When surgeon Joseph Lister died at the age of 84 on February 10, 1912, he left behind a drastic reduction in the mortality of surgical patients due to infections. According to statistics collected by Lister himself, the decrease went from almost 50% of those operated on to only 15%. Although other pioneers were then working on the same ideas, and despite some experts having questioned Lister’s figures, there is no doubt that the British doctor has gone down in history as the father of antiseptic surgery. Nowadays, millions of people honour him every day without knowing it by rinsing their mouths with a mouthwash named in his honour, even though he did not participate in its invention nor benefit from it.
Entering an operating room in 1865 was a life-or-death gamble. Anaesthesia had left behind the era of the agonizing screams of patients, but gangrene, septicaemia and other postoperative infections ended up affecting almost half of those operated on. The usual procedure to ward off infections was to ventilate the hospital wards in order to expel the miasmas, the “bad air” that doctors of this era believed were emitted by wounds and that spread the disease to other patients.
Beyond this almost unique hygienic habit, the surgeons of the time worshiped the “good old surgical stink,” as Lindsey Fitzharris reflects in her recent book The Butchering Art: Joseph Lister’s Quest to Transform the Grisly World of Victorian Medicine (Scientific American/Farrar, Straus and Giroux, 2017). The doctors arrived at the operating theatre in their street clothes and, without even washing their hands, put on their surgical gowns covered in dried blood and pus, like military stripes on an army uniform.
During the operation, the surgeons used the gown eyelets to hang the suture threads and thus keep them at hand. The instruments, if any, were cleaned after the operation, but not before. If a scalpel fell to the ground, they picked it up and continued. If at any time it was necessary to use both hands, they gripped the scalpel with their teeth. In rural areas, it was not uncommon for the operation to be ended by applying a warm poultice of cow dung to the wound. In the recovery rooms, when the nurses made their rounds, the probe that was used to drain the pus from one patient’s infected wound might then be applied to the lesion of the patient in the next bed.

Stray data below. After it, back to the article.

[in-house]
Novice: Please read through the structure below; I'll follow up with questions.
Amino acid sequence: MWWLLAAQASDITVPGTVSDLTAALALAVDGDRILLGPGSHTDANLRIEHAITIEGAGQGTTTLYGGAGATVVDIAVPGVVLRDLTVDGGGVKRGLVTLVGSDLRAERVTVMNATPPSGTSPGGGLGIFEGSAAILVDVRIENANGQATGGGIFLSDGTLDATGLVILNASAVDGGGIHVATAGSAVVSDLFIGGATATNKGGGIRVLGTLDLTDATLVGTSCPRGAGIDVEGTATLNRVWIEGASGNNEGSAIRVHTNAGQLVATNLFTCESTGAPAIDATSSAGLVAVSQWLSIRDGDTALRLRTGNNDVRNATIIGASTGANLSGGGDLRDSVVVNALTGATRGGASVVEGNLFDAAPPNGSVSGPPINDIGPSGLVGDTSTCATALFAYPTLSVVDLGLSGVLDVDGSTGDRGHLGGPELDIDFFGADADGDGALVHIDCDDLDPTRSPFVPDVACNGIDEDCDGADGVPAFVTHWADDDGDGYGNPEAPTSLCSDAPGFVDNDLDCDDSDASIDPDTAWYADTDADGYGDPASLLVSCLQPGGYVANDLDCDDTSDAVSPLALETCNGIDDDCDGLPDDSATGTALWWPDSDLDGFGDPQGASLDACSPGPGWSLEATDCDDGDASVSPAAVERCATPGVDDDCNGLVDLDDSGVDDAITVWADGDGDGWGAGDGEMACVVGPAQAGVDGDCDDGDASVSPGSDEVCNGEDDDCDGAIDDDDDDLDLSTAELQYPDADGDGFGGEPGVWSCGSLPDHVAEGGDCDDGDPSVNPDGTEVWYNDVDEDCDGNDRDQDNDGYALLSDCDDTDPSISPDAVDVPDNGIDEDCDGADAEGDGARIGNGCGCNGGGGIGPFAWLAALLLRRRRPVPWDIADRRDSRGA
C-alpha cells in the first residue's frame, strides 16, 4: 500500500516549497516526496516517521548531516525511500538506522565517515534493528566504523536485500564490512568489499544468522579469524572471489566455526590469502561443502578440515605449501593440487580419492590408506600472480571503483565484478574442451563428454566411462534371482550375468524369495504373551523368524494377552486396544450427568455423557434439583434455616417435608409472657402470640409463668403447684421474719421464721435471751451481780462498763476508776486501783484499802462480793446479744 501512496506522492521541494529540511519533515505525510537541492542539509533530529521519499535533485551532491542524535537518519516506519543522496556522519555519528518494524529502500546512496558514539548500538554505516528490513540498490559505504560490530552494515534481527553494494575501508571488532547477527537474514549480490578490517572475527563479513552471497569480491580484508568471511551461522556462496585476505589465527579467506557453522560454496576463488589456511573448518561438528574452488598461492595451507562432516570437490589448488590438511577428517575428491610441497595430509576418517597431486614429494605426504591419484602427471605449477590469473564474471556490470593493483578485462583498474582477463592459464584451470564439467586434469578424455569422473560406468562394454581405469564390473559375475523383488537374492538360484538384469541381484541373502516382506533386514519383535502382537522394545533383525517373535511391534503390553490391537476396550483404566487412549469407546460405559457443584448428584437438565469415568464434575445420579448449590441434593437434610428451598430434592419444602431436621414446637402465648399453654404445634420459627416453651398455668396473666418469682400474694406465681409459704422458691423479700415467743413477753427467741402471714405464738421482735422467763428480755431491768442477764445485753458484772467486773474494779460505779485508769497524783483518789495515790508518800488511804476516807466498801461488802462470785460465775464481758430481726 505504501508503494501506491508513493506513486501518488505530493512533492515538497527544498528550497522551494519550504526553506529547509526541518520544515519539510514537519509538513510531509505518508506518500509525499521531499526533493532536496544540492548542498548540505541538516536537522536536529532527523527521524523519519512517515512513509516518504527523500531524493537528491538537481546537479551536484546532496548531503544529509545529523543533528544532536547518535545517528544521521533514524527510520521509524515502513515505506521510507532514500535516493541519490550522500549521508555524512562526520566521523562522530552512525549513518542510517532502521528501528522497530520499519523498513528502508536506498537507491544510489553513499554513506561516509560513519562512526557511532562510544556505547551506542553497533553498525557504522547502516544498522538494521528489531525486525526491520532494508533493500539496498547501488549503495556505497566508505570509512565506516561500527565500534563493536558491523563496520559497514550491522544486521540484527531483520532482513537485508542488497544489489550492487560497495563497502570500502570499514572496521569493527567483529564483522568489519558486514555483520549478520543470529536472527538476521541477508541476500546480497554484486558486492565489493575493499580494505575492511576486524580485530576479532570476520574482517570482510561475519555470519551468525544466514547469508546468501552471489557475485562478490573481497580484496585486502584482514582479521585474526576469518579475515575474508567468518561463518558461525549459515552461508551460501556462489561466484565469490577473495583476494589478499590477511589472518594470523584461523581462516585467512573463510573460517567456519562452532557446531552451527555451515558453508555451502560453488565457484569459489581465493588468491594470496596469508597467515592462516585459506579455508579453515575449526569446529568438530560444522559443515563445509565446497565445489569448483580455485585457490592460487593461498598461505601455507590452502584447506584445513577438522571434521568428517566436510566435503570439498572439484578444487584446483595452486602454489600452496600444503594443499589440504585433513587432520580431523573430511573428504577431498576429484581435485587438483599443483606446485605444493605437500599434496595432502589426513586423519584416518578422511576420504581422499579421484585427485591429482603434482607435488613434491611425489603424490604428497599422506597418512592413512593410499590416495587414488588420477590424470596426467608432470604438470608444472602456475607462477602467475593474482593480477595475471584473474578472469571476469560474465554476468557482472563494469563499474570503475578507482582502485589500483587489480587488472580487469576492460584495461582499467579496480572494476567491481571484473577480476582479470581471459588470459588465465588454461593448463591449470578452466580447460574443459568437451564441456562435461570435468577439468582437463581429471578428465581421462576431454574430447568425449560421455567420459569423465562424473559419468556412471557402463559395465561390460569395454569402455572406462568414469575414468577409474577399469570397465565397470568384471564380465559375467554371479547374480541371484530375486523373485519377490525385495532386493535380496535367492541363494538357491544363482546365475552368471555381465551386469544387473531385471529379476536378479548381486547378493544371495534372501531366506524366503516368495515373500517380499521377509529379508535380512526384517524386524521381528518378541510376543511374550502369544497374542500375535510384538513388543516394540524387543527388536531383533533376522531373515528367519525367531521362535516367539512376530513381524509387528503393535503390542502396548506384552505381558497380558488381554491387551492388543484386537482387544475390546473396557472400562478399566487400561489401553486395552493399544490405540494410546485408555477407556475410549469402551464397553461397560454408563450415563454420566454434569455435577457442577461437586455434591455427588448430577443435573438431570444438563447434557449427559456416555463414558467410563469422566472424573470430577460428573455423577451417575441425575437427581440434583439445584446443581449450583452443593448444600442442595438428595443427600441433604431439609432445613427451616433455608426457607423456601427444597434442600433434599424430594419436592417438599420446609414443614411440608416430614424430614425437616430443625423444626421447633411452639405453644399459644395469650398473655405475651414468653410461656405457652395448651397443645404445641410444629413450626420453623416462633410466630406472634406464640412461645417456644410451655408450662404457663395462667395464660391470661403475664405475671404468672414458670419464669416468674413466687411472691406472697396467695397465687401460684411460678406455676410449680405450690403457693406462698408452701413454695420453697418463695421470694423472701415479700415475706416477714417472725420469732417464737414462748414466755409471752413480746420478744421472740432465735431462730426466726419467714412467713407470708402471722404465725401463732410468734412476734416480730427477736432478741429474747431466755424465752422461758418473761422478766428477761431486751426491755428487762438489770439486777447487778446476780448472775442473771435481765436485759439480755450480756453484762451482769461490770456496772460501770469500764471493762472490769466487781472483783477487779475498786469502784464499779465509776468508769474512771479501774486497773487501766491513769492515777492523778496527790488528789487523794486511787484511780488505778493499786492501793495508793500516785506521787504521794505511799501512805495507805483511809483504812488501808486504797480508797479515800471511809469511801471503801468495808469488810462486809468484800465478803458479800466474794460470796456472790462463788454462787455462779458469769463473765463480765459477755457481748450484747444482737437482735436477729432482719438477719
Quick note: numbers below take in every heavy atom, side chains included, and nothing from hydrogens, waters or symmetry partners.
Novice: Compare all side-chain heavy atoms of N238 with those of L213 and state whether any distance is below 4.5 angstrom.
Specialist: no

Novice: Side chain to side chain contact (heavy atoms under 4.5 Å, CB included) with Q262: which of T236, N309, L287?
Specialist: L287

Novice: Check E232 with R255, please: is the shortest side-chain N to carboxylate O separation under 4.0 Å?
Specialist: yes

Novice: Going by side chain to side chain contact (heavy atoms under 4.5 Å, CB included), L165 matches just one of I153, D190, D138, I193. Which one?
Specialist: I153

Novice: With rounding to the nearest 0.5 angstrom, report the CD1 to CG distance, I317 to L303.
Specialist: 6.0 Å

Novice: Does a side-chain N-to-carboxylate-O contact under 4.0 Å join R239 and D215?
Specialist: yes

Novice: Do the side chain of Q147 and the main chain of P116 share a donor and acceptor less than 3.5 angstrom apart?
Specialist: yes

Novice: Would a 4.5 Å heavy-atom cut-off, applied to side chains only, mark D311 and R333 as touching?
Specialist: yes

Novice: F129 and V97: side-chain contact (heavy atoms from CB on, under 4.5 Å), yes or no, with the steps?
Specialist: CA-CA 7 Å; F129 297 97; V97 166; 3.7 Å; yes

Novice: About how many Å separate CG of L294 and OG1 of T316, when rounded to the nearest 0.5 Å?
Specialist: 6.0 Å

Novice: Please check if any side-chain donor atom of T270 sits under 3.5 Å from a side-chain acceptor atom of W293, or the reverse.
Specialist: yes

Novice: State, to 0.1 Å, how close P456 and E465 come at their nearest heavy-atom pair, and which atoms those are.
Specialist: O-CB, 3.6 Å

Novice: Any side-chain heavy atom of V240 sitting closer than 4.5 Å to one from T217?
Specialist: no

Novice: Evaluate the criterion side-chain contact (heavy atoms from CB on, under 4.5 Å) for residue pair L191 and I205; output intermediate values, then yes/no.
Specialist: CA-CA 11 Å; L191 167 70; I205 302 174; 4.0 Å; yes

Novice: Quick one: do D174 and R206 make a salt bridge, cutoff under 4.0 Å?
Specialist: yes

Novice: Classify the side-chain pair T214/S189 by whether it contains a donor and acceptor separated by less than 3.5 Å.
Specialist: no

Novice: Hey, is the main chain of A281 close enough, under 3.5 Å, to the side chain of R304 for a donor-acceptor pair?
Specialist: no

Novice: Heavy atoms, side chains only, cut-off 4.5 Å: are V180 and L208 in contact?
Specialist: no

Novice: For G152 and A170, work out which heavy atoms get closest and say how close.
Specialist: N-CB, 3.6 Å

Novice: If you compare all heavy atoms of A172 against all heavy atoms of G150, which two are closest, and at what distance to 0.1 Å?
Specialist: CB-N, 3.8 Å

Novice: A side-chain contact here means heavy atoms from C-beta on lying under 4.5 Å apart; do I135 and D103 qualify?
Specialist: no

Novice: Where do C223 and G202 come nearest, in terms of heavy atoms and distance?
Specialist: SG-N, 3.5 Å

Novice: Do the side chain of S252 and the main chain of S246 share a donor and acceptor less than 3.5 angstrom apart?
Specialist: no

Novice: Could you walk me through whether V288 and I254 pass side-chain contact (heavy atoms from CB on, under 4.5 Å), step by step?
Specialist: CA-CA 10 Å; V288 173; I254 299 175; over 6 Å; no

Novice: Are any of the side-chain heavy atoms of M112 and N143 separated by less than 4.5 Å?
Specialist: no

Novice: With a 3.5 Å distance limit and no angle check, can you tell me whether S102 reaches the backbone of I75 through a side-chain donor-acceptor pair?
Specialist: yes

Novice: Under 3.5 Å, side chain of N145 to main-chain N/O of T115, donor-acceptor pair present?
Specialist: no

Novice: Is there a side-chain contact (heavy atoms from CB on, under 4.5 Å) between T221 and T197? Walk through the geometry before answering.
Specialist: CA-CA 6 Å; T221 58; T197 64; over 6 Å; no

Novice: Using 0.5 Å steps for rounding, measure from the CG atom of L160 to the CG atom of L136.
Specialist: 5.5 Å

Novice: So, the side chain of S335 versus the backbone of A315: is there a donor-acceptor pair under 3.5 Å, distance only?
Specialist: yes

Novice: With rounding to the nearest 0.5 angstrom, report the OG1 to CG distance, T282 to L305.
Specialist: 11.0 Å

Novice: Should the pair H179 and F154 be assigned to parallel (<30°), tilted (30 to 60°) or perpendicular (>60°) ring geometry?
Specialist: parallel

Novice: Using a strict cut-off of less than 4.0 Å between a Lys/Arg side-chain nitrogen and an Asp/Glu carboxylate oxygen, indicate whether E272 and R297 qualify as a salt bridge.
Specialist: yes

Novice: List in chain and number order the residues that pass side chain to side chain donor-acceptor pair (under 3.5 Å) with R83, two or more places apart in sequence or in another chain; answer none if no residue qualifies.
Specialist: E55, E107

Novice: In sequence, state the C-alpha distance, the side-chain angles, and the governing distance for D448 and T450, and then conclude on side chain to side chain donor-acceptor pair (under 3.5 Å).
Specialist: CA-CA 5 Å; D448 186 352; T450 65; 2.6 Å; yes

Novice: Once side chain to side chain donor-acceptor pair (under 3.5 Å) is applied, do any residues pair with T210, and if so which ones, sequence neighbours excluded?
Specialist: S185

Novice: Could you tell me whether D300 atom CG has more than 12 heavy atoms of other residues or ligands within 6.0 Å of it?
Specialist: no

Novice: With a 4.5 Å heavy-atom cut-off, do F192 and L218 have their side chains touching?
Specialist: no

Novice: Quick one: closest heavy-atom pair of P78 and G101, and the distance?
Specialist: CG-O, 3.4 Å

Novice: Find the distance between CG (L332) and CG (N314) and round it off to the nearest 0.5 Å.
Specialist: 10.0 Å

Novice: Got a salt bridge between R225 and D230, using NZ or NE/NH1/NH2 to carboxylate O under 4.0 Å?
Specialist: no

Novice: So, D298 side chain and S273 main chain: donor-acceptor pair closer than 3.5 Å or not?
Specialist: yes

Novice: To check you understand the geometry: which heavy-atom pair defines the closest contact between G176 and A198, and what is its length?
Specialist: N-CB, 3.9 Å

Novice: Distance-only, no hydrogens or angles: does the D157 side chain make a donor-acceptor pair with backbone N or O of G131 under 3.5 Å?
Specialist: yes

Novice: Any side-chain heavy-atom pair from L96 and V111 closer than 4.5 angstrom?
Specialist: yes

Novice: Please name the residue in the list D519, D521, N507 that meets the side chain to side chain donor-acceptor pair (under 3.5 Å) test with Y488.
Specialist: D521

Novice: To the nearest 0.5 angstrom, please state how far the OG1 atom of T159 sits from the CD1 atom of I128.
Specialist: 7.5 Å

Thus, it was not uncommon for even the surgeons themselves to resist operating as long as it was not absolutely essential. The problem of infections was so pressing that there was even talk of abolishing surgery altogether in hospitals. But Lister was not convinced by the theory of miasmas. He observed that the cleaning of the wound sometimes managed to contain the infection, leading him to suspect that the root of the problem was not in the air, but in the wound itself.
In 1864, while practicing as a professor of surgery at the University of Glasgow, Lister discovered the work of a French chemist named Louis Pasteur. When he read in Recherches sur la putrefaction that fermentation was due to germs, microbes invisible to the eye, he sensed that the same cause could explain the infection of wounds.
Following the ideas of Pasteur, Lister looked for a chemical substance with which to annihilate the germs. After several tests he arrived at carbolic acid (now called phenol), a compound extracted from creosote that was then used to prevent the rotting of railway sleepers and the wood of ships, and which was also applied to the wastewater of cities. In 1865, after some doubtful beginnings, he managed for the first time to heal without infection the open leg fracture of a child hit by a car.
A protocol to sterilize
From then on, Lister laid out a protocol to sterilize the surgical instruments, the hands of the surgeon, the dressings and the wounds with solutions of carbolic acid, and even designed a sprayer to diffuse the substance in the air of the operating room, which was definitely not pleasant. But the results made up for the inconvenience, and in 1867 Lister was able to publish his findings and his antiseptic method in a series of articles in the magazine The Lancet.
However, Lister’s antisepsis did not immediately catch on in the medical community. Many doctors mocked the idea of invisible germs floating in the air, calling it unscientific quackery. The editor of the magazine Medical Record wrote: “We are likely to be as much ridiculed in the next century for our blind belief in the power of unseen germs, as our forefathers were for their faith in the influence of spirits, of certain planets and the like, inducing certain maladies.”
More than a century and a half later, however, methods and substances have changed. From our current perspective, we might be surprised by the generous use of the corrosive and toxic phenol, which nowadays is handled in laboratories with special care. But from Lister, today we have his revolutionary idea that drew the line between old-fashioned surgery and its modern incarnation. And we have Listerine.